If you are a party in a personal Bankruptcy case, you have probably come across references to a “Proof of Claim” form (sometimes simply referred to as a “claim”). Officially, it is known as Form B10, and you can view and complete the form on the U.S. Courts website. This form, completed by the creditor, states the amount of their claim, the basis for the claim, whether it is a secured or unsecured claim, or entitled to priority, and a few other details. It is wise for the creditor to attach supporting documentation, such as bills or judgments, if the documents are not too voluminous. Since most Chapter 7 cases are “no asset” cases, claim forms are generally not mailed to creditors. If the Chapter 7 Trustee locates assets and believes creditors may receive a distribution, they will normally request a “Bar Date” (or deadline) to file claims and mail claim forms to creditors. Claim forms are generally sent to creditors in Chapter 13 cases. Occasionally, a Trustee or debtor may file a proof of claim on behalf of a creditor.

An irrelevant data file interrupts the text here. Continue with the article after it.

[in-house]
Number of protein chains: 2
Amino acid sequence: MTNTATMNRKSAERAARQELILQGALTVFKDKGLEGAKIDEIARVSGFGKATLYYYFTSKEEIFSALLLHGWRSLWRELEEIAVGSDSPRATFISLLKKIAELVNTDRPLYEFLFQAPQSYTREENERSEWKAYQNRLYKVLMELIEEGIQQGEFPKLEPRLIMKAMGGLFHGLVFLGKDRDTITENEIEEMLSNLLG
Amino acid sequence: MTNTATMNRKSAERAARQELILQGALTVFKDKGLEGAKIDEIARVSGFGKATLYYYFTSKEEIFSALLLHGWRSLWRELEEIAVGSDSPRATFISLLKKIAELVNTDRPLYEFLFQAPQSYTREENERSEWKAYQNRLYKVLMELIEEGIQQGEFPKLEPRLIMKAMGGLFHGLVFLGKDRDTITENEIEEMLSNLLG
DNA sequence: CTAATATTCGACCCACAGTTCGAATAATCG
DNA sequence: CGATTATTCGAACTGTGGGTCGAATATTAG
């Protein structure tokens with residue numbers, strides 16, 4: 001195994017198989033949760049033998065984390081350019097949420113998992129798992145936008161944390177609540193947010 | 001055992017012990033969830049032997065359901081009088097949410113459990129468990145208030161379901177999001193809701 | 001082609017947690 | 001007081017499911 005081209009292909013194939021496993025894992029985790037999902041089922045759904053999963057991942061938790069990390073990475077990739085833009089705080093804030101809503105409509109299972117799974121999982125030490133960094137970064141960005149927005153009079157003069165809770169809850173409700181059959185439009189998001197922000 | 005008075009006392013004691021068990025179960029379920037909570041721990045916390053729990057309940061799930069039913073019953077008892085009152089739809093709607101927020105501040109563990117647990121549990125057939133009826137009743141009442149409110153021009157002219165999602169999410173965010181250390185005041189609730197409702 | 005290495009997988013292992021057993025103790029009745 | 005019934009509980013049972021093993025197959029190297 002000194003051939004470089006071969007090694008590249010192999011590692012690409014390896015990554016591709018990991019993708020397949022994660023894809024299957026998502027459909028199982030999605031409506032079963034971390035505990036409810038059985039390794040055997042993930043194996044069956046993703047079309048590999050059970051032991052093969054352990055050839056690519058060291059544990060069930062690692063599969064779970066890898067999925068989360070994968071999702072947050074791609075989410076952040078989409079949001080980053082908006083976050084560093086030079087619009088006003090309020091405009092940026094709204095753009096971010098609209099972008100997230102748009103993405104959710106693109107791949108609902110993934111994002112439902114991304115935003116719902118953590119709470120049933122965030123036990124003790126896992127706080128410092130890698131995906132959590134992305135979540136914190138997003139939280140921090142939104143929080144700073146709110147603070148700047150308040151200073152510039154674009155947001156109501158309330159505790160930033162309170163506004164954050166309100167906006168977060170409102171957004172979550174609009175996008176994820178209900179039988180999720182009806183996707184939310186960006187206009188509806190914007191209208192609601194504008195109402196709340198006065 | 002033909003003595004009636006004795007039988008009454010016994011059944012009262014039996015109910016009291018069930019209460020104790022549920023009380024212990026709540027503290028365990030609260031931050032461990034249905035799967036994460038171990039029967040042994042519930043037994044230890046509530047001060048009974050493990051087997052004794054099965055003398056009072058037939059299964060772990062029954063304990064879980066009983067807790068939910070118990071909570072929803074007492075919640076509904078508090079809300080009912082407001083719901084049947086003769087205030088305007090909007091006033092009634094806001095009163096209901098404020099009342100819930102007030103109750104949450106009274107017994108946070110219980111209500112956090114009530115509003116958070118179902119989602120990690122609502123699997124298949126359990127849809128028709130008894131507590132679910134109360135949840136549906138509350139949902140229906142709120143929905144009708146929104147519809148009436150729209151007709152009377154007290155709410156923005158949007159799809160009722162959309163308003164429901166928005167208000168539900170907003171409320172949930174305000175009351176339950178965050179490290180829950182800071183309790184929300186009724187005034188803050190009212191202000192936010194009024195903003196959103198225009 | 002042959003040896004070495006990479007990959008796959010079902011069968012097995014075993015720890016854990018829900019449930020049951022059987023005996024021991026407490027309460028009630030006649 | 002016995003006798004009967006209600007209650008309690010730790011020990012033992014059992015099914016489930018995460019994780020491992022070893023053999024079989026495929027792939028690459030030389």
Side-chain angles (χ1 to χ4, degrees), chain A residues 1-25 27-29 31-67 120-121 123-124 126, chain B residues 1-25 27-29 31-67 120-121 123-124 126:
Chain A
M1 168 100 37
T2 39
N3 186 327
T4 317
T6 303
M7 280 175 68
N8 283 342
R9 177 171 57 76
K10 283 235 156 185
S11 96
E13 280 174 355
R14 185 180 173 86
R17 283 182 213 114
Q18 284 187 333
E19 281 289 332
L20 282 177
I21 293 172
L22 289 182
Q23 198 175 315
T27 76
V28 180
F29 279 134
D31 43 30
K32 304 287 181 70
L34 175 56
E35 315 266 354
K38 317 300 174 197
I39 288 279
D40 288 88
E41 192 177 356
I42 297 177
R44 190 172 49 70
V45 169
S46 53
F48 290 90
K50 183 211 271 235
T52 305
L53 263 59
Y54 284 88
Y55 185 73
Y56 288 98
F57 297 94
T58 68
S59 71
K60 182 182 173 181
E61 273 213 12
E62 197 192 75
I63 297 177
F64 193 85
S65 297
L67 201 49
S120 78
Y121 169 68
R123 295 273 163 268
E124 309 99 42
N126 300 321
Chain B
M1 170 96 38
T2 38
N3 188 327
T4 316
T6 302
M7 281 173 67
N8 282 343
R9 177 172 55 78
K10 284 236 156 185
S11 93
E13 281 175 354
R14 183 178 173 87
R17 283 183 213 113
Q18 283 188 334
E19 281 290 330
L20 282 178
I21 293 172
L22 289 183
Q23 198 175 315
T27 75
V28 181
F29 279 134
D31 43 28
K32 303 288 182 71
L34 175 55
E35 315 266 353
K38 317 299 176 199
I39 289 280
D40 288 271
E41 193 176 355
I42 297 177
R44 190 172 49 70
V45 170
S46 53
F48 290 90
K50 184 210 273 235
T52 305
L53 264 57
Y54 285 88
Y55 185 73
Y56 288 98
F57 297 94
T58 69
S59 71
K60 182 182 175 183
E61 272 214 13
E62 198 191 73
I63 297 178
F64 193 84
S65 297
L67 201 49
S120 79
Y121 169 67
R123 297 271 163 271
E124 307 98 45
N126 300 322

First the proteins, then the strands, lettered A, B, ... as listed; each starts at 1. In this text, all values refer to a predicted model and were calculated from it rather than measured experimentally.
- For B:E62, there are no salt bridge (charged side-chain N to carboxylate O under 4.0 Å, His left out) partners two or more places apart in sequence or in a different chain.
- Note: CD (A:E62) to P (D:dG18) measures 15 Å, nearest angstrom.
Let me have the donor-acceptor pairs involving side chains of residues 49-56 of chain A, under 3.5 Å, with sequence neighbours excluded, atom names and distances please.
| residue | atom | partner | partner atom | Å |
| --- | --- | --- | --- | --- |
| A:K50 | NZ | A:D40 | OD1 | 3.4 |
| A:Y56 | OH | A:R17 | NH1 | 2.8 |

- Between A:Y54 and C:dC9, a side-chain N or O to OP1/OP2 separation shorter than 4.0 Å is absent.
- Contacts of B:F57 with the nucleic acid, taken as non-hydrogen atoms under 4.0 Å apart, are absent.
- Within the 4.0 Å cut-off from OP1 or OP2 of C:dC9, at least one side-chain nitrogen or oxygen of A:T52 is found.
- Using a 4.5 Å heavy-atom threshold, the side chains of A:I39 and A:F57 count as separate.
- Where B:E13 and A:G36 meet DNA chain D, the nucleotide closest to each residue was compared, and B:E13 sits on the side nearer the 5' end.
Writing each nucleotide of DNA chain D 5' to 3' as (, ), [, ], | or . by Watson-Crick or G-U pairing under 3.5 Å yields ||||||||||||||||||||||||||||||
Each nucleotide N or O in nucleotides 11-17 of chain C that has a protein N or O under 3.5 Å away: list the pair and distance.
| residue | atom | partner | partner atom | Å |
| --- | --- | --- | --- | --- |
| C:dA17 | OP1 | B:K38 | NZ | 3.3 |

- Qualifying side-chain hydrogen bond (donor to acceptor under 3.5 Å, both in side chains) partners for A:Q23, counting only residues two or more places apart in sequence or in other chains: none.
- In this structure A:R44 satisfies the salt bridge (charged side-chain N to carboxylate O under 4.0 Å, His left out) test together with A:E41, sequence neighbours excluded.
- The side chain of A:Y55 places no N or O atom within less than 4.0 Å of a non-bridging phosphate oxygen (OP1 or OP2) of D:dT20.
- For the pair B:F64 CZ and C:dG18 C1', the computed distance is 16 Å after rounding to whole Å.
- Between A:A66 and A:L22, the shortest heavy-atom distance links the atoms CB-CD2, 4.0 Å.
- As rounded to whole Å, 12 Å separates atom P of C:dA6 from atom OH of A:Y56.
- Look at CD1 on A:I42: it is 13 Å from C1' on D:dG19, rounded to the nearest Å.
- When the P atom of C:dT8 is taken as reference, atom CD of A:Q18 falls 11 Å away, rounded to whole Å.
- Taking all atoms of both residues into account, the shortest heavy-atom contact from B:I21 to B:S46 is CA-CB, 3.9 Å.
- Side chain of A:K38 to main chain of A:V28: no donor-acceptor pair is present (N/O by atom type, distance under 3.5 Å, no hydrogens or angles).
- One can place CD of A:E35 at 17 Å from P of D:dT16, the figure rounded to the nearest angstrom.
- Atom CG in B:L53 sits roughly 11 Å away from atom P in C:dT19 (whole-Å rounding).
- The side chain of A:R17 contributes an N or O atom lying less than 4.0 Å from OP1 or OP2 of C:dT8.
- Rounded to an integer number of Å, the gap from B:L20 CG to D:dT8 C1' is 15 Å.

In Chapter 7 cases that are “asset cases” the Trustee will normally review the claims to make sure they are supported and not improperly filed as secured or priority claims (which happens quite a bit). A debtor normally does not have an interest in the claims because they get a discharge either way, but it is important for a debtor to review secured or priority claims that may affect the debtor after the case. For example, the more money paid to the IRS in the case for a nondischargeable tax debt, the less money owed after the case is over. In Chapter 13 cases, it is important (and required) that the claims be reviewed so that all creditors can receive the appropriate distribution in the case.